More than a billion Indians have uploaded their biometric details to a national database in exchange for a unique 12-digit ID that authorities say will transform how citizens interact with government and propel the world's second-most populous country into the digital age.
But the scheme has faced vocal opposition, with critics claiming the software guarding citizens' personal information is shoddy and vulnerable to cyber attacks, while others fear the scheme risks turning India into a surveillance state.
On Wednesday the Supreme Court said the ID would be mandatory for accessing government services, but also ruled that private corporations could not force customers to hand over their cards.
Here is the lowdown on "Aadhaar", the world's largest biometric database.
What is Aadhaar?
Aadhaar, ("foundation" in Hindi), is a 12-digit unique identification number that holds the personal details of an Indian citizen, including their biometric data from photos, fingerprints and iris scans.
Citizens use the ID for everything from filing tax returns, to accessing pensions or welfare as the government seeks to put more of its services on an online platform.
An Aadhaar number is also recognised as valid proof of identity and residence.
Each ID is issued by the Unique Identification Authority of India (UIDAI). The details are stored in a single centralised server centre.
The first Aadhaar cards were distributed in September 2010 and a mammoth information campaign then prompted vast numbers of Indians to enrol at thousands of registration centres.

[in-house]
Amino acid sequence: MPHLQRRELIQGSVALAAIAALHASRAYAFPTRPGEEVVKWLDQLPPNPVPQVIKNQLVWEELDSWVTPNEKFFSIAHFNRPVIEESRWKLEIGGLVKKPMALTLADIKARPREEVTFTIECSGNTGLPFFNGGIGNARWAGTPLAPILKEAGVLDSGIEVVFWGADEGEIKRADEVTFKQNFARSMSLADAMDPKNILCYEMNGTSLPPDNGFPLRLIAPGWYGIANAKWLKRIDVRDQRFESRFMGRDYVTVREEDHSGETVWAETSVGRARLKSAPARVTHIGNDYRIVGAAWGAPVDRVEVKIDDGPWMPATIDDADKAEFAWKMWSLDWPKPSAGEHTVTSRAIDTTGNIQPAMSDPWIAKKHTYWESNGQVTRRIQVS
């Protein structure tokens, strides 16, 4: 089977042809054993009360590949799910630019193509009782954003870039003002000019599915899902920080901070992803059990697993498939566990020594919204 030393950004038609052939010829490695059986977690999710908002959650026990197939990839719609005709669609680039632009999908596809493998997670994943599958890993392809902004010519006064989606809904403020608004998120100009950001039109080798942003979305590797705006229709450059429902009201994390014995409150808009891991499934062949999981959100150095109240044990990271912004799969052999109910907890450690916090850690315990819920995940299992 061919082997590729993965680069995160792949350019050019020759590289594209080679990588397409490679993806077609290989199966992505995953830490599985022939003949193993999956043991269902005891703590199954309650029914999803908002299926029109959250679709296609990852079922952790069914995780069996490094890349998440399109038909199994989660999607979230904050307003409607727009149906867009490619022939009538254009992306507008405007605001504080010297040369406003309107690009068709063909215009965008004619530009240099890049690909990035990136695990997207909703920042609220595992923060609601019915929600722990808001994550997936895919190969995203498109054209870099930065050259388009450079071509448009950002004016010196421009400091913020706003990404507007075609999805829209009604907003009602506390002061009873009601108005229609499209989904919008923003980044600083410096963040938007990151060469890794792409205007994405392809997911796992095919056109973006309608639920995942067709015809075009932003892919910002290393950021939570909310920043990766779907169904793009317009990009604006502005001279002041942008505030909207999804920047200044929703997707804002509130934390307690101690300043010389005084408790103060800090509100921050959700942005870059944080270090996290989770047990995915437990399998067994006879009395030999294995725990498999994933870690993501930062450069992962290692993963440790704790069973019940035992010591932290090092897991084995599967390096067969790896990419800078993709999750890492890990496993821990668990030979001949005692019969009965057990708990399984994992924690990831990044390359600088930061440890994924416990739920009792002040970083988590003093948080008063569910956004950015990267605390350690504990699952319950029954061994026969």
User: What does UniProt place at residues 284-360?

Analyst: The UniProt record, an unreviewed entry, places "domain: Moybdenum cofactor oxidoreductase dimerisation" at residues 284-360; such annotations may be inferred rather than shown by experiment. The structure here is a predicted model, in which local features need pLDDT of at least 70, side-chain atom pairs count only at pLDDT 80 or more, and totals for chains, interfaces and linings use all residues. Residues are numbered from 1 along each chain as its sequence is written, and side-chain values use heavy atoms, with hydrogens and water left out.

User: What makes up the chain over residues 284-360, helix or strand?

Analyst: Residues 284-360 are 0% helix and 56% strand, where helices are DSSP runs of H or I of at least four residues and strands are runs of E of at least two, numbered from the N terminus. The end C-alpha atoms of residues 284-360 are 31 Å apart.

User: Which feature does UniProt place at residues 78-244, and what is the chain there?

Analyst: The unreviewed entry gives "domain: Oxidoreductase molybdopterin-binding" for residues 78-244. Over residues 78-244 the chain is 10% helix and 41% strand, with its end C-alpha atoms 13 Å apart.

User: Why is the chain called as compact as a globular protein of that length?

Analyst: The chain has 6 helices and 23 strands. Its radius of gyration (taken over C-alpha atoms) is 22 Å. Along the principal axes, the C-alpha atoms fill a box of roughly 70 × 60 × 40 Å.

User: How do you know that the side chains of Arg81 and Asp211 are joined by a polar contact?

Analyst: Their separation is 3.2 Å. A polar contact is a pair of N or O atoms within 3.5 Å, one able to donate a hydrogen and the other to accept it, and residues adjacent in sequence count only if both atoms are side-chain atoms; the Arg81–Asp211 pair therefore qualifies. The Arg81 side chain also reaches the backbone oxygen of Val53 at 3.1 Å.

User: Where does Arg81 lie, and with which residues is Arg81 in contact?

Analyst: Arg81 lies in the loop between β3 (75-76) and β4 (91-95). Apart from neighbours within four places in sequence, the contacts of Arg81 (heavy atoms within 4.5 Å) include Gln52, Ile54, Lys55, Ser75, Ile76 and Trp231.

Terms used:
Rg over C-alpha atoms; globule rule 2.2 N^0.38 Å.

More than 1.2 billion Indians, some 90 percent of the population, now hold an Aadhaar number. More than 21 billion banking and other digital transactions now take place annually under the scheme.
What's the problem?
The scheme has been dogged by controversy from its inception.
There were cases of Indians finding their social security payments, or access to food and fuel rations, blocked despite possessing an Aadhaar number.
The government has also faced flak over privacy and data protection.
In January, a journalist exposed how the UIDAI database could be hacked and Aadhaar cards printed for the equivalent of a few dollars. She found herself facing criminal proceedings.
Having an Aadhaar card had in practice become a growing pre-requisite to get anything from a mobile phone contract to a bank account.
This had effectively made it compulsory, violating citizens' right to privacy, opponents argued. They were emboldened by a landmark 2017 Supreme Court ruling recognising privacy as a fundamental right.
The government has consistently defended its big data programme, including its cyber-security measures.
Ravi Shankar Prasad, minister for information technology, recently told local media that the biometric records in the Aadhaar data vault could not be hacked "even with the billionth effort."
Meanwhile, India's Attorney General K K Venugopal raised eyebrows after he told the Supreme Court that Aadhaar data would be safe from hackers as it was stored behind tall, four-metre-thick protective walls.
What do experts say?
Amber Sinha, who works for the Bangalore-based non-profit Center for Internet and Society, says that the Aadhaar system is porous because of weak security infrastructure.
"Although the centralised server of the UIDAI seems to be fairly secure from all accounts, other government databases linked to the Aadhaar numbers create points of failure," he told AFP.
"This is because the same standards of security and privacy do not apply to them," he said.
Sinha said the creation of laws alone could not fix the irreversible damage resulting from personal data breaches.
"If something is broken by technology, the law cannot fix that. You need both robust laws to protect the system and privacy enhancing technologies which reflect those principles."
"Rather than continuing the expansion of a project which lacks technical and legal backbone, its scope and use should be limited till these structural reforms are incorporated."
Explore further: India's top court says privacy is a fundamental right